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Good Night, and Good Luck

September 19, 2015

GNAGLOscar-nominated retelling of a CBS newscaster’s stand against Senator Joseph McCarthy’s crusade to rid 50s America of Communism.

Themes: the power of the media, scapegoating and the costly nature of truth the spiritual dimension of life, truth, freedom and freewill.

Initially, the famous concluding catch phrase “Good Night and Good Luck” that became the title of the film, was a habit Edward R. Murrow kept from his London years as a war reporter for the radio, when British people under constant night German bombing systematically ended their conversations with the very same words, uncertain to meet again.
Edward R. Murrow: We’ll split the advertising, Fred and I. He just won’t have any presents for his kids at Christmas.
Sig Mickelson: He’s a Jew.
Edward R. Murrow: Well don’t tell him that. He loves Christmas.

 

 

 

Edward R. Murrow: We will not walk in fear, one of another.

 

Edward R. Murrow: No one familiar with the history of his country, can deny that congressional committees are useful. It is necessary to investigate before legislating. But the line between investigating and persecuting is a very fine one, and the Junior Senator from Wisconsin has stepped over it repeatedly. His primary achievement has been confusing the public mind as between the internal and the external threats of communism. We must not confuse dissent from disloyalty. We must remember always, that accusation is not proof, and that conviction depends upon evidence and due process of law. We will not walk in fear, one of another, we will not be driven by fear into an age of unreason. If we dig deep into our history and our doctrine, we will remember we are not descended from fearful men. Not from men who feared to write, to speak, to associate, and to defend causes that were for the moment unpopular. This is no time for men who oppose Sen. McCarthy’s methods to keep silent or for those who approve. We can deny our heritage and our history but we cannot escape responsibility for the result. There is no way for a citizen of the republic to abdicate his responsibilities. As a nation we have come into our full inheritance at a tender age. We proclaim ourselves as indeed we are, the defenders of freedom wherever it still exists in the world. But we cannot defend freedom abroad by deserting it at home. The actions of the Junior Senator from Wisconsin have caused alarm and dismay amongst our allies abroad and given considerable comfort to our enemies. And whose fault is that? Not really his, he didn’t create this situation of fear, he merely exploited it, and rather successfully. Cassius was right, the fault dear Brutus is not in our stars, but in ourselves. Good night, and good luck.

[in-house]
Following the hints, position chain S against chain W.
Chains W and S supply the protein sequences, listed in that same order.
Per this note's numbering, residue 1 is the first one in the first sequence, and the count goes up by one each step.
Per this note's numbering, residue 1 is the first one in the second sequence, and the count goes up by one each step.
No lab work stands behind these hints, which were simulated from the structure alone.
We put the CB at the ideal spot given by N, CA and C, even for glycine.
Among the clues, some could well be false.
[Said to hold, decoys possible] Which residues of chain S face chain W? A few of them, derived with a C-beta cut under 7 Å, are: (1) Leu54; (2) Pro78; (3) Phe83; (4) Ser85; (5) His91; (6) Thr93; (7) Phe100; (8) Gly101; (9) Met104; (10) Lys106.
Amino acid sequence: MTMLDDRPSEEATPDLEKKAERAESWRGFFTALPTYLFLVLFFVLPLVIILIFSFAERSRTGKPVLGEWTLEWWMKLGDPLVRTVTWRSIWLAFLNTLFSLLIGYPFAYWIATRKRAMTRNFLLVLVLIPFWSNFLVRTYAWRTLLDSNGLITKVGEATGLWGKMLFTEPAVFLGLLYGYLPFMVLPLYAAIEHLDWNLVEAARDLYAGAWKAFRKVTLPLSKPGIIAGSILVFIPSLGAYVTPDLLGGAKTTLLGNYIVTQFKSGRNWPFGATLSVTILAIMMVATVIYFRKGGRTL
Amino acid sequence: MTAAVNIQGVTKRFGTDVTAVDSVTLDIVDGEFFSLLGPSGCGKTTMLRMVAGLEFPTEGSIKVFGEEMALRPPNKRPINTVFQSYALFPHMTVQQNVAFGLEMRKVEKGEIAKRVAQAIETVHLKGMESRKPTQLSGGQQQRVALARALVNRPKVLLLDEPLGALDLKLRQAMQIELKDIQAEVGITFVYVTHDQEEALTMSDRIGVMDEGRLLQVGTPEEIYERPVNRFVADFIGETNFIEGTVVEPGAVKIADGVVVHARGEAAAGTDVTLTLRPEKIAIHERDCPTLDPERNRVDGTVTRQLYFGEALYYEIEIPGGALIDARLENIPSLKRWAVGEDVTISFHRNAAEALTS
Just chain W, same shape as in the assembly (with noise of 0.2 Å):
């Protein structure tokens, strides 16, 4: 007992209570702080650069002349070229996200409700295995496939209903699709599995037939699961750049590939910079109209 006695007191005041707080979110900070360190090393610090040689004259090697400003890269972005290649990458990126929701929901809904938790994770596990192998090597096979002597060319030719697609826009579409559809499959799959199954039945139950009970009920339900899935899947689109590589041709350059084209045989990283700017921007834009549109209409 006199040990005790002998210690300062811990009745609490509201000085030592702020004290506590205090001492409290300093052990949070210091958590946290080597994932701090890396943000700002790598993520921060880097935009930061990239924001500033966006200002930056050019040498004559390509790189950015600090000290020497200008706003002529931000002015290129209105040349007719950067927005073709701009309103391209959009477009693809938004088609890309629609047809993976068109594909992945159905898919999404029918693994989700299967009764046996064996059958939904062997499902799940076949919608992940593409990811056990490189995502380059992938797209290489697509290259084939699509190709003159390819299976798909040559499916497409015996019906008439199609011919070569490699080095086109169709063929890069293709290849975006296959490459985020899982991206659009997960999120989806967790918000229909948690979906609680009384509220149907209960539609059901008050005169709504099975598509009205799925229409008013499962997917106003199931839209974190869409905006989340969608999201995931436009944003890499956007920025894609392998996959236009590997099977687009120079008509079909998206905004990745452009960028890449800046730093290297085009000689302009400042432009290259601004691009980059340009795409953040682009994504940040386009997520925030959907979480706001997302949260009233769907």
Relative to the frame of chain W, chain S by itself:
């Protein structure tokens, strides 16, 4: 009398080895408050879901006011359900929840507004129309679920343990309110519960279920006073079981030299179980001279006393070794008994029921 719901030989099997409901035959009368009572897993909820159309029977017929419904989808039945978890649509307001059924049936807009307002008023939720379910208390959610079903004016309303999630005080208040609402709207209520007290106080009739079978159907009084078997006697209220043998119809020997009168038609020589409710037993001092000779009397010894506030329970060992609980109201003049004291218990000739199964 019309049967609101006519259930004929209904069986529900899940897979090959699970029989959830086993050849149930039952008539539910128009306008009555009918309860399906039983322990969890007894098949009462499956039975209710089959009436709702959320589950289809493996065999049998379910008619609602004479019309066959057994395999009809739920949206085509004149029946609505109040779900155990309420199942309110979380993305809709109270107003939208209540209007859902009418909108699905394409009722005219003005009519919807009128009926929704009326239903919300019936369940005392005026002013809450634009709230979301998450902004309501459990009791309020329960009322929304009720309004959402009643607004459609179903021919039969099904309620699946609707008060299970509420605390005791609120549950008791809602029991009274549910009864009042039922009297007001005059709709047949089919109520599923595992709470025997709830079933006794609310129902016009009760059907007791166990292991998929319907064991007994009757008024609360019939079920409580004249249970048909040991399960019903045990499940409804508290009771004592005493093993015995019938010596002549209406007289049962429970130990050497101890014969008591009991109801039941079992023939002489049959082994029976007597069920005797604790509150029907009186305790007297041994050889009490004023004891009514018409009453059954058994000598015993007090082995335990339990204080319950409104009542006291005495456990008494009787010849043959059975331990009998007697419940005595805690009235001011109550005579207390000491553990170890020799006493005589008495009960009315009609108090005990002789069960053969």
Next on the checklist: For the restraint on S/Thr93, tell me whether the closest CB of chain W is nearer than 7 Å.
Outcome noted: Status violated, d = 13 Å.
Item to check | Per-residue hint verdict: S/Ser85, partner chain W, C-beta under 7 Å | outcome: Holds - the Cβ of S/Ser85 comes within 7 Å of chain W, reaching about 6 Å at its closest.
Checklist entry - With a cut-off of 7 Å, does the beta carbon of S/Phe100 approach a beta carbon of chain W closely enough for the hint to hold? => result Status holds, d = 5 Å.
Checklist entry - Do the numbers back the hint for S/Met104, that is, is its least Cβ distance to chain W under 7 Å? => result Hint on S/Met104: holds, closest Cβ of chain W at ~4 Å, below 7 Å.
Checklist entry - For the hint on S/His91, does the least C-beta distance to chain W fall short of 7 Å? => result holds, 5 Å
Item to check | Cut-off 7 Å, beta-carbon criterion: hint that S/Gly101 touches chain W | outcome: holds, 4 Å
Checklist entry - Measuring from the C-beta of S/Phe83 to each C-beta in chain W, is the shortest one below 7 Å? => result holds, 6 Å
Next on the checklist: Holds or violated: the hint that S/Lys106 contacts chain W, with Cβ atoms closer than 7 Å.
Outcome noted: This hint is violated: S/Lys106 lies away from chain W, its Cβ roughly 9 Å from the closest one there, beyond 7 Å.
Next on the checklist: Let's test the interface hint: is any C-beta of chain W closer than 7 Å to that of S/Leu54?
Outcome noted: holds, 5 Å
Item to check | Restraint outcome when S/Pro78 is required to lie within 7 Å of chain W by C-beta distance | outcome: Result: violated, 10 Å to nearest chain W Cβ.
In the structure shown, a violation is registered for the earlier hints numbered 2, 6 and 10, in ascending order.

Colonel Anderson: Wouldn’t you guess that the people who have seen the contents of that envelope might have a better idea of what makes someone a danger to his country, or do you think it should just be you, sir, who decides?
Fred Friendly: Who? Who? Who are these people, sir? Who are the people? Are they elected? Are they appointed? Is it you?

[last lines] Edward R. Murrow: To those who say people wouldn’t look; they wouldn’t be interested; they’re too complacent, indifferent and insulated, I can only reply: There is, in one reporter’s opinion, considerable evidence against that contention. But even if they are right, what have they got to lose? Because if they are right, and this instrument is good for nothing but to entertain, amuse and insulate, then the tube is flickering now and we will soon see that the whole struggle is lost. This instrument can teach, it can illuminate; yes, and it can even inspire. But it can do so only to the extent that humans are determined to use it to those ends. Otherwise it is merely wires and lights in a box. Good night, and good luck.

 

Don Hollenbeck: I could use a scotch.
Edward R. Murrow: I think everyone could use a scotch.

 

 

Edward R. Murrow: We have currently a built-in allergy to unpleasant or disturbing information. Our mass media reflect this. But unless we get up off our fat surpluses and recognize that television in the main is being used to distract, delude, amuse, and insulate us, then television and those who finance it, those who look at it, and those who work at it, may see a totally different picture too late.

 

Edward R. Murrow: It is my desire if not my duty to try to talk to you journeymen with some candor about what is happening in radio and television, and if what I say is responsible, I alone am responsible for the saying of it. Our history will be what we make of it. And if there are any historians about fifty or a hundred year from now, and there should be preserved the kinescopes of one week of all three networks, they will there find, recorded in black and white and in color, evidence of decadence, escapism, and insulation from the realities of the world in which we live. We are are currently wealthy, fat, comfortable, and complacent. We have a built in allergy to unpleasant or disturbing information; our mass media reflect this. But unless we get up off our fat surpluses, and recognize that television, in the main, is being use to distract, delude, amuse, and insulate us, then television and those who finance it, those who look at it, and those who work at it, may see a totally different picture, too late.

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